To the mind of this Investigating Judge, respondent Magdalena Lometillo has not been remiss in her job, when on September 4, 1999 and on March 11, 2000, the office personnel on duty left the office. Inasmuch as what is required is only a skeletal force of the total office personnel to be on duty during Saturdays, it can be presumed that the head of the office has the discretion of selecting whom and how many are to be assigned to work on this particular day, provided that the required duties and responsibilities of the office are met. Neither is it required that the head of the office, should be physically present in the office during these Saturdays, so long as competence in the job is maintained by those who compose the skeletal force.

Neither can the trust and confidence in the office personnel assigned to man the office on the two dates referred to by the respondent be questioned inasmuch as based on their length of service and track records, they are presumed to be familiar with their work and are expected to perform well. Besides, it is the respondent who is in the best position to gauge the competence and reliability of her subordinates in the office, so that when she claimed she trusted and had confidence in such personnel there is no reason to doubt or disbelieve her. That she was proven wrong when these trusted personnel has not lived to her expectations, that should not be taken against her especially so in this case, when she has shown that the lapse on the part of the personnel concerned cannot be traced to any wrongdoing on her part or direct participation in the commission or omission thereof.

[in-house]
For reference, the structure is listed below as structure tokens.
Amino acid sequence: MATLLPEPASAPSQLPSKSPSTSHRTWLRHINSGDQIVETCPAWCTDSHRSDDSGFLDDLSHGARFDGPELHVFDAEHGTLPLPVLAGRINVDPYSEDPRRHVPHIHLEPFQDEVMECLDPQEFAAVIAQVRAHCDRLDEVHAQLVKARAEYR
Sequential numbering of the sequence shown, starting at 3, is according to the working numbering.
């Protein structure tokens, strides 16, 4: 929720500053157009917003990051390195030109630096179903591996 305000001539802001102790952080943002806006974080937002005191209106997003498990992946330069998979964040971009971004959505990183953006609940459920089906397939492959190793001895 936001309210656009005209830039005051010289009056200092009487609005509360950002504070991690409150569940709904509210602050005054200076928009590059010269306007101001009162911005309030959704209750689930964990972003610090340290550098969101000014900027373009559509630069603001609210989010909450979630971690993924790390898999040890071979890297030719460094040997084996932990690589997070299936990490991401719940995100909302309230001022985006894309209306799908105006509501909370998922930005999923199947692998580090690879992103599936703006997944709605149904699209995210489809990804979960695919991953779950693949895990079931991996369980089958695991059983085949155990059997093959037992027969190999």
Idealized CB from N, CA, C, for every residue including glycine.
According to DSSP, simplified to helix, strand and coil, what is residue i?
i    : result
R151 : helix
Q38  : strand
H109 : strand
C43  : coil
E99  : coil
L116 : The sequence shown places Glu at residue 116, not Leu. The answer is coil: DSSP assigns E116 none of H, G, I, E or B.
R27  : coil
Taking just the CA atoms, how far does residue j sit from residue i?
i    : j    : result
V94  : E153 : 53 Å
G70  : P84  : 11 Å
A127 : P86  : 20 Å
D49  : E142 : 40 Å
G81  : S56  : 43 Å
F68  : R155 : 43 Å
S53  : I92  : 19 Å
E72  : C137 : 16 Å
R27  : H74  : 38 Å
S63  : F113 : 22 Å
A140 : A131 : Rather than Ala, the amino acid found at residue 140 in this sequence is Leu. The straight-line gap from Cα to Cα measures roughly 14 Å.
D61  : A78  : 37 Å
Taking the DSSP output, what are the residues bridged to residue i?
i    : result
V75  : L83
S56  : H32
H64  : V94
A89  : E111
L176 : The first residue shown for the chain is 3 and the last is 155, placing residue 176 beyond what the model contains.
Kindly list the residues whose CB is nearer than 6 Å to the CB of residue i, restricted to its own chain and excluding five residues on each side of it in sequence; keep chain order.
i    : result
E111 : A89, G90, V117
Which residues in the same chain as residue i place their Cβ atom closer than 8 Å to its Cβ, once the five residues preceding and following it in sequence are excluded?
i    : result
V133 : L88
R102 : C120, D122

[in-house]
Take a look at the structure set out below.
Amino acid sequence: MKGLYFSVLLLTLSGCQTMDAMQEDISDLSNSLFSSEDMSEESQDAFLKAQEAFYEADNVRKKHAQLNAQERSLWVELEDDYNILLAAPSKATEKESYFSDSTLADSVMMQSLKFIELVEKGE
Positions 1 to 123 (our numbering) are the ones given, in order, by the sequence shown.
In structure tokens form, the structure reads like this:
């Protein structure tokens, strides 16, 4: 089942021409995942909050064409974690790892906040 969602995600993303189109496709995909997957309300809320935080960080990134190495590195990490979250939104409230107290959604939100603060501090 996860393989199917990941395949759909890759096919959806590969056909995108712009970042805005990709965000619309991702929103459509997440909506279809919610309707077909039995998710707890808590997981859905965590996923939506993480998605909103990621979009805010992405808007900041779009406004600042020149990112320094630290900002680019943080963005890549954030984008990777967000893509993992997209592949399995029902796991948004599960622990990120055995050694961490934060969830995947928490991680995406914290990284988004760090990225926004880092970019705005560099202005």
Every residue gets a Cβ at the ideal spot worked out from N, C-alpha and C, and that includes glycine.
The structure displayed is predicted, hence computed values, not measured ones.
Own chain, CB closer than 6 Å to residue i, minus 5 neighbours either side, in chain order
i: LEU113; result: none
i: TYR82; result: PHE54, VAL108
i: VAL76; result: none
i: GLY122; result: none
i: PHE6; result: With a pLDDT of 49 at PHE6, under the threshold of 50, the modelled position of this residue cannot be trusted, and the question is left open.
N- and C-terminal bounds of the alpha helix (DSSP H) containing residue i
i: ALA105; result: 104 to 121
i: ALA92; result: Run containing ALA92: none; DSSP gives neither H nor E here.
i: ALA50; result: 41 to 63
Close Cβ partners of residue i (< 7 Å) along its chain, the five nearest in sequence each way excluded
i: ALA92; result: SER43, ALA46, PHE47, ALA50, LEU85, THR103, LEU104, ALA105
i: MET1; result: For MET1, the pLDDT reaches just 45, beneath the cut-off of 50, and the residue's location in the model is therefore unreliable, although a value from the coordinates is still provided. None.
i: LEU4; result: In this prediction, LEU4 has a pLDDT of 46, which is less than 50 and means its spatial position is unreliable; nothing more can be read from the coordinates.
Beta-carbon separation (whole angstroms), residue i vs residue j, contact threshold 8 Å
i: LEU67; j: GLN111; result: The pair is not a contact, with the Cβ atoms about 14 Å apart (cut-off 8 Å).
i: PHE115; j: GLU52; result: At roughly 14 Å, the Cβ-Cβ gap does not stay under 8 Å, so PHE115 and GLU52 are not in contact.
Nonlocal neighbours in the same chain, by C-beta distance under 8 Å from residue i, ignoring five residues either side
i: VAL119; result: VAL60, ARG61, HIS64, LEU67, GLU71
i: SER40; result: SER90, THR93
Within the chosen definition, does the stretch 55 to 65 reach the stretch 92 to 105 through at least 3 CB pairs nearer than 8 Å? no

Besides, gross neglect connotes a willfull dereliction of duty and implies wrongful intent. The neglect must be of grave character and not merely trivial or unimportant. The charge in the instant case against respondent does not find ample support in the evidence on record that she is guilty thereof. If ever there was any lapse on the part of respondent Lometillo, it was in her failure to call up the office the whole day of March 11, 2000, to check on the personnel on duty that day resulting in her failure to know that these two left the office at noon and failed to come back for the rest of the day.

Be that as it may, the fact remains that this lapse is not serious or of grievous character as to amount to a gross neglect of duty on her part. Besides, respondent has offered her apologies and took steps to discipline the personnel in her office and had been more vigilant in the performance of her duties as well as in the supervision of the office employees under her. This is shown by the fact that after this incident of March 11, 2000, nothing of this sort has again happened.

On the charge of Habitual Tardiness.

As earlier adverted to, respondent did not deny incurring those tardiness alleged in the letter complaint and her reasons for it are: poor health and traffic problem in Iloilo City.

Relevant hereto is Section 22 of the Omnibus Rules Implementing Book V of E.O. No. 292, which considers an officer or employee in the Civil Service to be habitually absent if he incurs unauthorized absences exceeding the allowable 2.5 days monthly credit under the Leave Law for at least three months in a semester or at least three consecutive months during the year. Also: